There used to be a time when TV networks were all you got when you flipped on the TV, if you were lucky AND had a good antenna. The networks brought you escapism entertainment, which is what TV should be all about.
Cable? We didn't have no stinking cable. We had aerials and bunny ears, damnit. If you were really lucky, your parents spent money on an Alliance Tene-Rotor, a device that allowed you to remotely turn your antenna to get better reception using a black box on the top of your TV. You set the dial (N, W, S, E or degree in between) and the Tene-Rotor did the rest. And to prove it was doing it, the box let out a horrific KERR-CHUNK noise for each degree that the antenna moved. It was as loud as someone dropping a piano out of a third story window and hitting the pavement. Oy! And you had to be careful that you didn't
And color TV's? Oh, Pish!
We had two large RCA cabinet TV's in our house - one in the living room (back when people actually LIVED in that room) and one in my parents bedroom. They were in blond wood cases, and you turned the channel by getting up and rotating a big meaty gray plastic dial on the side. For the first six years of my life the Wizard of OZ was a black and white movie, period. We got our first color TV when I was five and it was a "portable" model that took two men to carry around. What made it portable wasn't a handle, it was that it didn't have a piece of furniture around it and indeed sat on a cart with casters. But IT came with UHF! We didn't get a TV with remote controls until my mother got the color TV that she had bought for her mother when Grandma was dying of cancer. When grandma died, we got TV with a remote control.
And we knew who people like Shelia MacCrea were. They were people we aspired to know. And we watched shows like Password because they challenged us to think.
And then there was that great Password theme music, too!
Today you have this Snooky business. Who wanted to know anyone named Snooky? Snooky is what your aunt called your uncle when she wanted to have sex, and it was always done in a secretive fashion. "C'mon on here, Snookie," was your clue to get out of there.
And then there were the movies. Each network gave over a night to movies because it was the Reality Programming of its era. Sunday night was a big night for movies. So were Tuesday nights. And in rerun season, Saturday night movies came around for people too cheap to take their wives out to see a show.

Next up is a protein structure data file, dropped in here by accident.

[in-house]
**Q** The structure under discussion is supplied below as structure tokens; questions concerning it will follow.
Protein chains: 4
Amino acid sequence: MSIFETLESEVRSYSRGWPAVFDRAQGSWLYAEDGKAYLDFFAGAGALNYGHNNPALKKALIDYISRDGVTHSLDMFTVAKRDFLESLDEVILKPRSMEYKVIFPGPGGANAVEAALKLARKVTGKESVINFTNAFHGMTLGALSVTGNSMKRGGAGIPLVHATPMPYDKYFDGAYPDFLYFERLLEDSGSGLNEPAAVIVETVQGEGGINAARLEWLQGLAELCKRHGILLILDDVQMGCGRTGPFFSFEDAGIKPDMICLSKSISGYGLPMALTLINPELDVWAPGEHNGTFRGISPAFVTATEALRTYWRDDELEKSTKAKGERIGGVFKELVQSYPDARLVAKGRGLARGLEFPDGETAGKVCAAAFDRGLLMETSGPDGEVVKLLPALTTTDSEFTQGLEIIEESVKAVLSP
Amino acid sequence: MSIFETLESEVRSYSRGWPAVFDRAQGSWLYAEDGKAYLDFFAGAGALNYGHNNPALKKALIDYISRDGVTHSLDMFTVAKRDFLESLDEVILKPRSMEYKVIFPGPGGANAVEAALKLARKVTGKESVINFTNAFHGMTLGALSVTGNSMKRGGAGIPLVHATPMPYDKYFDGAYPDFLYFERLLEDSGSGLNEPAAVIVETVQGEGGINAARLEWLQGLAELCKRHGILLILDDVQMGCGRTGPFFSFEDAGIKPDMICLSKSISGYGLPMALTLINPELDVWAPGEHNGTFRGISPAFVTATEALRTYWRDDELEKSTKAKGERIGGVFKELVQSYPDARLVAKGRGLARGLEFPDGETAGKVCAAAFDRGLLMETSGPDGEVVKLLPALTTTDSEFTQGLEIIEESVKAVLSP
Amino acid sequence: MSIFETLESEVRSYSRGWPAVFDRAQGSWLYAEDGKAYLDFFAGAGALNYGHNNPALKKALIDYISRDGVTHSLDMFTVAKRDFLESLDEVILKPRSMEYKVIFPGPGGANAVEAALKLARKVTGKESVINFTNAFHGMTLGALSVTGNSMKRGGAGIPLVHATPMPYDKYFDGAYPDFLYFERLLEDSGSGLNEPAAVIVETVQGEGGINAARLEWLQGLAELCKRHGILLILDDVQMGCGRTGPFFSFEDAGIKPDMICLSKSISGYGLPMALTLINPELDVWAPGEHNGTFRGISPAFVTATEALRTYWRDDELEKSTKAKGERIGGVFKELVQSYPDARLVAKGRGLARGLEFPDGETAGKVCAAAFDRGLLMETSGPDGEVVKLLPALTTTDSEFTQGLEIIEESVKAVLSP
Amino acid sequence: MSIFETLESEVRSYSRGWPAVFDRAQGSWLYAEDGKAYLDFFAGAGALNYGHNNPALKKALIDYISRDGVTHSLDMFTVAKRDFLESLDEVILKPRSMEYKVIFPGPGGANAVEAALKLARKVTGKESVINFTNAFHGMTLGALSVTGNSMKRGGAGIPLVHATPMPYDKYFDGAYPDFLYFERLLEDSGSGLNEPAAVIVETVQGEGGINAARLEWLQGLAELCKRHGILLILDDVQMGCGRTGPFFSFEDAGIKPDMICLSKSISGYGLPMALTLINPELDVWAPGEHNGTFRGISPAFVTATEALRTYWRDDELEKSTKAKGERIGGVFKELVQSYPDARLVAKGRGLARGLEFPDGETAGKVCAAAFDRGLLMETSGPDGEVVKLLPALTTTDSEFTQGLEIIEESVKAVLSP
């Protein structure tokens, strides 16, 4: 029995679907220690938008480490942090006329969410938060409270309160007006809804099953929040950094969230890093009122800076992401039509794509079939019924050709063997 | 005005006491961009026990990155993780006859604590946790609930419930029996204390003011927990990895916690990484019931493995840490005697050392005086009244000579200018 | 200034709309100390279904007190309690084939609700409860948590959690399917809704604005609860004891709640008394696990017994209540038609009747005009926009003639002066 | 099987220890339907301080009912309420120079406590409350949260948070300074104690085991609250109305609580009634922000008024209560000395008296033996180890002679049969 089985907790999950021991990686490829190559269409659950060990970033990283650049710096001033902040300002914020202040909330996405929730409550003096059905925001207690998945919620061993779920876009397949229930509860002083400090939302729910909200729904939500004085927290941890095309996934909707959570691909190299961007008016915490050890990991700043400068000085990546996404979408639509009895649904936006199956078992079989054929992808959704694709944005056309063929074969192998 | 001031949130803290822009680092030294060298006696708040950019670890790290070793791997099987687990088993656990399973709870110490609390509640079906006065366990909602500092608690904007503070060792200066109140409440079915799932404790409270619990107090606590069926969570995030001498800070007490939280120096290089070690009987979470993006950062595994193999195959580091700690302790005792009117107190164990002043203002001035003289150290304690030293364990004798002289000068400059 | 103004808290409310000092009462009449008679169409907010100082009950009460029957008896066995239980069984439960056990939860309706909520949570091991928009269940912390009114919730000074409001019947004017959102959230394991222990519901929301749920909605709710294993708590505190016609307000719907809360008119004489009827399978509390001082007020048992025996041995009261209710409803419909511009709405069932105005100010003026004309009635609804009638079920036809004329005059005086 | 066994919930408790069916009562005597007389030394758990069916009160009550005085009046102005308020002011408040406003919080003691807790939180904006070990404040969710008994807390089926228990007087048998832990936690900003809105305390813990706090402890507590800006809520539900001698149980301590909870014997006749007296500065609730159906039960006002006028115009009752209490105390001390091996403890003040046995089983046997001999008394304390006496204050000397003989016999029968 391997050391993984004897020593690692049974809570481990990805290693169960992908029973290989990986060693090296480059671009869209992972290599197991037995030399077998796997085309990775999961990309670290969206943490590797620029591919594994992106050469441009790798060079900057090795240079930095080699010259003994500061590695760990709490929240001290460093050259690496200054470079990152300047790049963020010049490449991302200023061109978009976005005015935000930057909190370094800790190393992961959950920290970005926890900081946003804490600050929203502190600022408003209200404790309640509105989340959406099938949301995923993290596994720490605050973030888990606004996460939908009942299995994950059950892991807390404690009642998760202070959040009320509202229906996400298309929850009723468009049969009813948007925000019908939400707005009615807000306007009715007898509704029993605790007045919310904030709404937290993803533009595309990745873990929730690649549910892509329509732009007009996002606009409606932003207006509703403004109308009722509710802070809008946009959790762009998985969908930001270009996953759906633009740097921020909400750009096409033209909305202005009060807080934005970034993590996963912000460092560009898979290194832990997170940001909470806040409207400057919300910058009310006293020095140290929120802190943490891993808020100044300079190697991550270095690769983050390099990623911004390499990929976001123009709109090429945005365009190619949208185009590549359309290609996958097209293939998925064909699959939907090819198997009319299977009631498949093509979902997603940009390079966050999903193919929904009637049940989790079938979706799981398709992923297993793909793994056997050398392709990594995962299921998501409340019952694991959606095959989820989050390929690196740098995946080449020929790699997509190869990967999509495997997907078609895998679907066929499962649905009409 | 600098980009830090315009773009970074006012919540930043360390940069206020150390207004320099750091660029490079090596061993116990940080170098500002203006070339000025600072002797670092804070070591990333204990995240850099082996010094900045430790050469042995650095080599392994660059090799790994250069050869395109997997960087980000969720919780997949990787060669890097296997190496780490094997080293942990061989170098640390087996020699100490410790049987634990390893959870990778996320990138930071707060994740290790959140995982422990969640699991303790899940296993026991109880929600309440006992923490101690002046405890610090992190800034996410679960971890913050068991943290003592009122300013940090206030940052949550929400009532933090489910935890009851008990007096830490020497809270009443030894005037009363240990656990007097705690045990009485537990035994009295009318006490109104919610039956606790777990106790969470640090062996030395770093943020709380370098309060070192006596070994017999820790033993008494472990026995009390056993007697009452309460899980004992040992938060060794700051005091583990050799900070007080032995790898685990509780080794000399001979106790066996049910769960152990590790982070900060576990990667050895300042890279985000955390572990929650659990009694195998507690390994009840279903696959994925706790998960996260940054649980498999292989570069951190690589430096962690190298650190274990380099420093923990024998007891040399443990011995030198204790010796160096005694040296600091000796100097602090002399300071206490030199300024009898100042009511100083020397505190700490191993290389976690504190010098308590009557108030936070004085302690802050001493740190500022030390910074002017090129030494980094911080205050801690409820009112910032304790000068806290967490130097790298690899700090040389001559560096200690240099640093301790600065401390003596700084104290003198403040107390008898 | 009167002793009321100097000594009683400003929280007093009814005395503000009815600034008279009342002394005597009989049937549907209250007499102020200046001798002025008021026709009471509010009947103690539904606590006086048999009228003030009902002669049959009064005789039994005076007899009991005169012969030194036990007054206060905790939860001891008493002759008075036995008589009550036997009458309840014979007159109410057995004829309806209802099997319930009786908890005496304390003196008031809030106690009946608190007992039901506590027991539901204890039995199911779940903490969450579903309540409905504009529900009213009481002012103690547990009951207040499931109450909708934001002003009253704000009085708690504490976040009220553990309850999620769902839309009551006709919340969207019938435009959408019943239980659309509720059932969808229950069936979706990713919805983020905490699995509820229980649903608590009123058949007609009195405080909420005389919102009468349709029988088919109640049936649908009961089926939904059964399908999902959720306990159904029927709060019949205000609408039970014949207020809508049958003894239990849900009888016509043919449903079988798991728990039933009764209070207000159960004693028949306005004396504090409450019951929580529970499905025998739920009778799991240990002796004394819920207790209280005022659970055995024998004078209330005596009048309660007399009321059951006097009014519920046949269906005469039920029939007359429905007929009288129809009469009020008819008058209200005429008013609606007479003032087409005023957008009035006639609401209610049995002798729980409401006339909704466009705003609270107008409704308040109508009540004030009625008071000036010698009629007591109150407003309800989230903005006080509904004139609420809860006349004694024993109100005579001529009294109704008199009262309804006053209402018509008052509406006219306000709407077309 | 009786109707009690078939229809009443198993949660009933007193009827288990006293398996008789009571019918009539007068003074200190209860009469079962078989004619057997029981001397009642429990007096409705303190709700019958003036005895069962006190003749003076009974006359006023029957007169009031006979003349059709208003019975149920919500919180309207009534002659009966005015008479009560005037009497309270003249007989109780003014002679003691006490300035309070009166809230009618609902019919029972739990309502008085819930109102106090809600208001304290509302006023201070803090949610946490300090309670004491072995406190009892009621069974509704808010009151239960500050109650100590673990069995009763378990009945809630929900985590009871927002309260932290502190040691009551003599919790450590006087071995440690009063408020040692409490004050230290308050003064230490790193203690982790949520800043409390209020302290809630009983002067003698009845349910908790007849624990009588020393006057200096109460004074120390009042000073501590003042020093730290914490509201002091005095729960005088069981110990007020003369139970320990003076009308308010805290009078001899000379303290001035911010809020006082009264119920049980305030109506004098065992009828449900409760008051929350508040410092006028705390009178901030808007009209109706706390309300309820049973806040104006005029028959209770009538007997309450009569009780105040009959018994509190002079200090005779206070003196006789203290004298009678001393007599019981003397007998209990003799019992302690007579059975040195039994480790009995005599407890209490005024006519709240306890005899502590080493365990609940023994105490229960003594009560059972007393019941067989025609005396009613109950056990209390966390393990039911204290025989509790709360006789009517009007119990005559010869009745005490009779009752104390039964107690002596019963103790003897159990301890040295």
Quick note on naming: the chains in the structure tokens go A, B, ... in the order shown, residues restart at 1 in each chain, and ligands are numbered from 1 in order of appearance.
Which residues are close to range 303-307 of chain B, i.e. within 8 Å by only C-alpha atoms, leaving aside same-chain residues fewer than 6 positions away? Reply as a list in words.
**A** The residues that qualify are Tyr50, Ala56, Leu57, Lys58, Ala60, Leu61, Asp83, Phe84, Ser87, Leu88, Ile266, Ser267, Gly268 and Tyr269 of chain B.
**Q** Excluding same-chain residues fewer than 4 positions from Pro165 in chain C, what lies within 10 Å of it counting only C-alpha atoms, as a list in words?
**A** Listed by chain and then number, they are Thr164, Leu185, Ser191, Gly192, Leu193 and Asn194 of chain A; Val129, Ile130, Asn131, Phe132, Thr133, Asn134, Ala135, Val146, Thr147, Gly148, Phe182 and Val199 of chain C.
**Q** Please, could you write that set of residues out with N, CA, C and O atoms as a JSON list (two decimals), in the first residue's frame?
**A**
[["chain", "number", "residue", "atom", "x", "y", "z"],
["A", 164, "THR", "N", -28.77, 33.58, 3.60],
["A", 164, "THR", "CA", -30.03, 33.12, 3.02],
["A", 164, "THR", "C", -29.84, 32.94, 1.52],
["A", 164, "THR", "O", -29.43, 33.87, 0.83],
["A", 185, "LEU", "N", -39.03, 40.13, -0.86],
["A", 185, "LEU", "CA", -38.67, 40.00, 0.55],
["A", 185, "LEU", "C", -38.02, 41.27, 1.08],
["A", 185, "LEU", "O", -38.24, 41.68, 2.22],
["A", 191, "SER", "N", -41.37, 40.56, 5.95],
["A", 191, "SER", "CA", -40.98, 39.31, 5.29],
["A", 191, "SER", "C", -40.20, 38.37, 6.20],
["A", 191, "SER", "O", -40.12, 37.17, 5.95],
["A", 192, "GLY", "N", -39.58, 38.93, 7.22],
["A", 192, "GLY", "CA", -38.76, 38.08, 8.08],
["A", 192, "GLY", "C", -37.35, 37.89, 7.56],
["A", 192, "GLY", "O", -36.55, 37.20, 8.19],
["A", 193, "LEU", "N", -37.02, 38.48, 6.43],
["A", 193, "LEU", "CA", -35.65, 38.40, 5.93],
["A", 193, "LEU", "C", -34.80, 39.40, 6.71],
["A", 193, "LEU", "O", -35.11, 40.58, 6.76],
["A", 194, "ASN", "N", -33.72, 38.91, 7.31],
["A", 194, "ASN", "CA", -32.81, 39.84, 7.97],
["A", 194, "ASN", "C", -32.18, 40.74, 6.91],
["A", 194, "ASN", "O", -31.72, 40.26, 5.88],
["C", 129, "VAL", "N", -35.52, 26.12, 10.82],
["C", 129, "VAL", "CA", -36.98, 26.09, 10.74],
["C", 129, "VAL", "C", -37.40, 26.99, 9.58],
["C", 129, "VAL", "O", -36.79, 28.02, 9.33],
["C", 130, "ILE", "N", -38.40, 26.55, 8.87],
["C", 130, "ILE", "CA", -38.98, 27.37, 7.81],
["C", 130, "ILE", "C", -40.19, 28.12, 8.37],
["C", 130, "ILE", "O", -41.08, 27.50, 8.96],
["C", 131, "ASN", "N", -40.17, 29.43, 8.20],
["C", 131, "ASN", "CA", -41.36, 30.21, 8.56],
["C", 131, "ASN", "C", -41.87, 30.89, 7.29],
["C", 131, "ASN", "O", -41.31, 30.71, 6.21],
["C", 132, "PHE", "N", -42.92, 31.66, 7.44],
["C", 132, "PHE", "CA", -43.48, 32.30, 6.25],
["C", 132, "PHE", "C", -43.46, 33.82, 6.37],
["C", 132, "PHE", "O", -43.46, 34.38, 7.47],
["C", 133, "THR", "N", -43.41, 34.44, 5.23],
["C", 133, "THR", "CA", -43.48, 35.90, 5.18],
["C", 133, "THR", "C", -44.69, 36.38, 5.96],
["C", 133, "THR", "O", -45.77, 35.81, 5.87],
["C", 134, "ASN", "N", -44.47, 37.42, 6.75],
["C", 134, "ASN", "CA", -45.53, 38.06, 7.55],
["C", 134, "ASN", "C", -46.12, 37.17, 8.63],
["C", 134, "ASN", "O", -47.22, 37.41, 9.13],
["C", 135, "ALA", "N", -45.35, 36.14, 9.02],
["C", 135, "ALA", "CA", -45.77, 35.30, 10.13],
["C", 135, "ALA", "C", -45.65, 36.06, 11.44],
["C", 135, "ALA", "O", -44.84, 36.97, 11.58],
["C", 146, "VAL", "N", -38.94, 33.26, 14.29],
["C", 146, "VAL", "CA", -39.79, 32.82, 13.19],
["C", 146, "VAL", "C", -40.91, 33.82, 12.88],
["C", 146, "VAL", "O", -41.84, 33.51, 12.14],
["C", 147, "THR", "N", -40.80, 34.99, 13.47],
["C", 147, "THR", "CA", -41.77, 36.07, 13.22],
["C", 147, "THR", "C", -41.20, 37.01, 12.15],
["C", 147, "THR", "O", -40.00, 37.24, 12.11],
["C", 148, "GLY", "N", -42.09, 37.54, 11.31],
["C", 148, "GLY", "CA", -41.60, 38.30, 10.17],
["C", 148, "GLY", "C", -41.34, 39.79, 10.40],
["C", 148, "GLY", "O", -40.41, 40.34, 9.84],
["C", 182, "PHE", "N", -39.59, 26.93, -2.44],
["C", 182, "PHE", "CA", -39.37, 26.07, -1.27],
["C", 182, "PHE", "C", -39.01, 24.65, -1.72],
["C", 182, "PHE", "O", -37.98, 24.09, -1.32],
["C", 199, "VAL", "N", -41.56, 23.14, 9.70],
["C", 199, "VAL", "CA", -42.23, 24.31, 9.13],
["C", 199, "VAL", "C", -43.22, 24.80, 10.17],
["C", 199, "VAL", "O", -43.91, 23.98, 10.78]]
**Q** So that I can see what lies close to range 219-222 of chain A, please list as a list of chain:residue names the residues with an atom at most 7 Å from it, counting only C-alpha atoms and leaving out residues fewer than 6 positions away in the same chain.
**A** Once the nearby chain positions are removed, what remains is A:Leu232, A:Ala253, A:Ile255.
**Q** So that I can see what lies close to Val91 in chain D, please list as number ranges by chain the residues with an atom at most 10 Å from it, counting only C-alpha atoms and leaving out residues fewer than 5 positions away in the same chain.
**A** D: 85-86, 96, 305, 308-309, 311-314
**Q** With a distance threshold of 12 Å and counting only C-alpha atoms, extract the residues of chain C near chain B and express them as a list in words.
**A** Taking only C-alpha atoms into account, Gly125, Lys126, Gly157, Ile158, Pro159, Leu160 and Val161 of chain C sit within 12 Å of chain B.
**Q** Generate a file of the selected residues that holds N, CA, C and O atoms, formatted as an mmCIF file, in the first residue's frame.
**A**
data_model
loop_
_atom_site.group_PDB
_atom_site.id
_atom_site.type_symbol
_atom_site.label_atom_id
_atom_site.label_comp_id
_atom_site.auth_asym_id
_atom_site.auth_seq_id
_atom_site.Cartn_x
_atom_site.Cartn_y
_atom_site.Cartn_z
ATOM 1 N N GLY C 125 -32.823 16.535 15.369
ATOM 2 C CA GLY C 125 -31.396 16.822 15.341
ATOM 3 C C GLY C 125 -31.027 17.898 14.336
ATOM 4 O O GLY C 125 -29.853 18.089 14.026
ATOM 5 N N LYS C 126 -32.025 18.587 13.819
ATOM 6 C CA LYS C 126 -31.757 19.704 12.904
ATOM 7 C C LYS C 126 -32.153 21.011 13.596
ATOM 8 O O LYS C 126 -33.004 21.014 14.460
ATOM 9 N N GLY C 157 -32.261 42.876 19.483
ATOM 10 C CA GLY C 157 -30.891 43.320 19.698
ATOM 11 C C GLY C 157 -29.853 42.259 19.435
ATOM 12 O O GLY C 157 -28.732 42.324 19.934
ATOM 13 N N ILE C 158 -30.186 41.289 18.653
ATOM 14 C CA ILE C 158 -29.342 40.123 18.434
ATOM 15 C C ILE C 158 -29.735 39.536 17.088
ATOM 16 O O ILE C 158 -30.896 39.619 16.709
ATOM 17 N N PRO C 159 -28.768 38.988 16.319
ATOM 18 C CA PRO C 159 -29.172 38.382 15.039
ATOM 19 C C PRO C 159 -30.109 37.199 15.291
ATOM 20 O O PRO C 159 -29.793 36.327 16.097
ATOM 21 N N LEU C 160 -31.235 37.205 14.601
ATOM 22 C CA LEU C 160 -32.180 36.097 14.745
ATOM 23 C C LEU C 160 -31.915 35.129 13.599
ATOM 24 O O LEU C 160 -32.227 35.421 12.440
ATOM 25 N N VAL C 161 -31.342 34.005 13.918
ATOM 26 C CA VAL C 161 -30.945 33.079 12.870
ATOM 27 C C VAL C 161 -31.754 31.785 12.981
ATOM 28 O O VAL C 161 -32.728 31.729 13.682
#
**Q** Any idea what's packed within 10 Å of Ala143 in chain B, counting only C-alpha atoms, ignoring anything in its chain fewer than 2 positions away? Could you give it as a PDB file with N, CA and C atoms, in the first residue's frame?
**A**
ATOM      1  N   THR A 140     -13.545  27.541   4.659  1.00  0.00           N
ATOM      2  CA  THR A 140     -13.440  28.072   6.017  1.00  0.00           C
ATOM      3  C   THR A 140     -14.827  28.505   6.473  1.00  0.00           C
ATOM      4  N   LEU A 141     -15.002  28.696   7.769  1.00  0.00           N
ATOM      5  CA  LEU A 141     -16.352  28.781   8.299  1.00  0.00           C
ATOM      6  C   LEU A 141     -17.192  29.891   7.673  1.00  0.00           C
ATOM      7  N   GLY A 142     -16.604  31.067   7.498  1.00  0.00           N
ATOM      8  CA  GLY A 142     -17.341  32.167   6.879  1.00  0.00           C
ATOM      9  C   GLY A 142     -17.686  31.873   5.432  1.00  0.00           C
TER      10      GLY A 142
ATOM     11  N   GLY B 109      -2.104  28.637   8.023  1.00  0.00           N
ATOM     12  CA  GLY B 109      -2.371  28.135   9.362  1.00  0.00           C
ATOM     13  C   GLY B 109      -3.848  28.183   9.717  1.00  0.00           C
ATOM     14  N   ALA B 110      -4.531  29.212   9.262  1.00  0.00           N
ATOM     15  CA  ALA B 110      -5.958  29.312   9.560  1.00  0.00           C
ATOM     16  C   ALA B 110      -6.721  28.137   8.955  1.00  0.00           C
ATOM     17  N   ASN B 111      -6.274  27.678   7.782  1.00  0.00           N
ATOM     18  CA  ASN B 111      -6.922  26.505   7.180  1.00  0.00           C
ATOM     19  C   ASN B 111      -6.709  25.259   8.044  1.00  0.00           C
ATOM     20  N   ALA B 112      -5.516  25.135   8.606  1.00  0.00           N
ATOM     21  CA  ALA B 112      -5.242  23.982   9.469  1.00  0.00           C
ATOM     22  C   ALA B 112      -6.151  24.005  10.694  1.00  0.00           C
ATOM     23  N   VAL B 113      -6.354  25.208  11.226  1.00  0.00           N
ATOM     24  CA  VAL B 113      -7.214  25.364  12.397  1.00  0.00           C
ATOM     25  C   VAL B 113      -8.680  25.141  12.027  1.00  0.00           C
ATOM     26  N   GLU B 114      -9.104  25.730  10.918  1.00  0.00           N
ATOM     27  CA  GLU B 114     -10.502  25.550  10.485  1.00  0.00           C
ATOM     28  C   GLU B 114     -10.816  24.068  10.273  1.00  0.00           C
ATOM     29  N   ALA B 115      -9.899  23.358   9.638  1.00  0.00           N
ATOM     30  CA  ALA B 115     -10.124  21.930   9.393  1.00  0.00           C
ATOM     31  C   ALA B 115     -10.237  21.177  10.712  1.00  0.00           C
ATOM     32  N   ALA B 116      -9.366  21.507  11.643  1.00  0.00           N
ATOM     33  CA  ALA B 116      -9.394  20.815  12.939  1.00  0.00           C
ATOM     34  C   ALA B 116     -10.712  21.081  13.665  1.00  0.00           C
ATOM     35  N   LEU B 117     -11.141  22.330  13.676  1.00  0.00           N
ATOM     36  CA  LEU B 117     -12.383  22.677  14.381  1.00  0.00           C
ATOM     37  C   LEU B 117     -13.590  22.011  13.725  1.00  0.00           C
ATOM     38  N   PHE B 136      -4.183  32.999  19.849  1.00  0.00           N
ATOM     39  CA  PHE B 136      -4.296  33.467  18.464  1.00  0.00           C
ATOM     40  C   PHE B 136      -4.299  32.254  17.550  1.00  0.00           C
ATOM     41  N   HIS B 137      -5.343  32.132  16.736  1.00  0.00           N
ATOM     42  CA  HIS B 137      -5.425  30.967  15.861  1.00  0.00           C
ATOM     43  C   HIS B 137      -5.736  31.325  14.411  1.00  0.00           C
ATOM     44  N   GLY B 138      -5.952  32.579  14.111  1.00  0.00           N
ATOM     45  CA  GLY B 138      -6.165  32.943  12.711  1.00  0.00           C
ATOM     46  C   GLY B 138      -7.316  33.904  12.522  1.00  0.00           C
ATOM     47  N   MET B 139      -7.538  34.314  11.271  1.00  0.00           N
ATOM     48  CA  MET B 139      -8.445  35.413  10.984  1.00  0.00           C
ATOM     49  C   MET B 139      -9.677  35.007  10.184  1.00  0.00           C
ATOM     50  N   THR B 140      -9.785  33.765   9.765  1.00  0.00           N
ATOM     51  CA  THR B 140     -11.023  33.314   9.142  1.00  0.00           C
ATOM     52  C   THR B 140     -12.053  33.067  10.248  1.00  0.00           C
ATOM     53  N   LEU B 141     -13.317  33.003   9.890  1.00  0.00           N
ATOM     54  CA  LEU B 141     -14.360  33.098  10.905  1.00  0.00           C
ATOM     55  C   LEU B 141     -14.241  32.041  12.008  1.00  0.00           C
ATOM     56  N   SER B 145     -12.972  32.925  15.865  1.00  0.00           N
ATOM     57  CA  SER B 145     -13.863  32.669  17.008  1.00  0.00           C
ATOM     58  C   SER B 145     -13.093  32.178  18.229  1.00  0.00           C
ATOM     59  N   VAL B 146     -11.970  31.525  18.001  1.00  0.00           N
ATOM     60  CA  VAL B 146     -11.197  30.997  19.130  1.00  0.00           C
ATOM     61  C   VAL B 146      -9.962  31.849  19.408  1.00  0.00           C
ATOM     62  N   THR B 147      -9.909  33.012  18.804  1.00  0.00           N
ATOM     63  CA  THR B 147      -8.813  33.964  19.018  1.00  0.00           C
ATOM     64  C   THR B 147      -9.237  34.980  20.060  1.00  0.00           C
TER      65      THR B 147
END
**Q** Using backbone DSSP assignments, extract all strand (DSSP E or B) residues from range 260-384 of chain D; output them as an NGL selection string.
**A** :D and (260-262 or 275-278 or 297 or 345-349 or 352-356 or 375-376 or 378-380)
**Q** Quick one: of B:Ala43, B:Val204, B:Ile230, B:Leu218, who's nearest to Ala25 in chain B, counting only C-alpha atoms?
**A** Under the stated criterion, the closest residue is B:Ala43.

Major movies eventually made it to TV in the days before HBO, Showtime and movies on demand. And because they were cheap to make, the networks started producing their own movies - a trend that came to the forefront in the early 1970s when ABC launched its "ABC Movie of the Week" franchise. Some were great - like Steven Spielberg's "Duel" featuring Dennis Weaver V. a truck. Some were creepy - like the Cloris Leachman drama "Someone I Touched" where Cloris' husband gives her VD and it ends up ruining everyones life. Others - "Gidget Gets Married" were downright terrible. Still, I think what people remember about the Movie of the Week was it's theme - a Bert Bacharach number called "Nikki" that was more popular in the 70's than it was in the 60s when he first wrote it.
And the movies came on TV with big splashy graphics, just like at the movie theatres so you knew it was an "event", not just another program. At commercial breaks you would get something called a "bumper", which was a brief musical video thing that reminded you to come back to the TV, as the commercials were about to end.
You can find many of these sequences on YouTube that date to the "video" recorder era. But the earlier ones are hard to find because owning video equipment in the 1960s was an expensive hobby.
This is one of the rare introductions - the NBC Red Zipper that ran from the mid 1960s until NBC hit rock bottom in the mid 1970s.
When you hear this music SOMETHING BIG is on its way.
I don't know much about the movie, Climb Angry An Moutain other than it was one of, if not the last film that Fess Parker did. The fanfare music was written by Ray Lewis. My father's cousin Arnold played oboe in numerous Hollywood Orchestras from the 1940s through the 1980s and was in on this number. Anyway, this appeared on YouTube a number of years ago, then it was removed. Now it's back on. Gotta love YouTube.
Eventually, NBC retired the zipper theme and began relying a great deal on it's successful Sunday Night Mystery Movie franchise. Its seemed at one point they were running on almost every night.
But then cable came along and that lead to the Premium movie channels with deep pockets and eventually, with the exception of ABC showing the Sound of Music or the Ten Commandments, drove network TV out of the movie showing business by the late 1990s.
I miss these things every now and then. Technology is a marvellous thing, but sometimes I think there are so many advances that we forget how it used to be, and we forget the things that used to be special - like a movie on network TV on a rainy night when you just wanted to stay home and relax.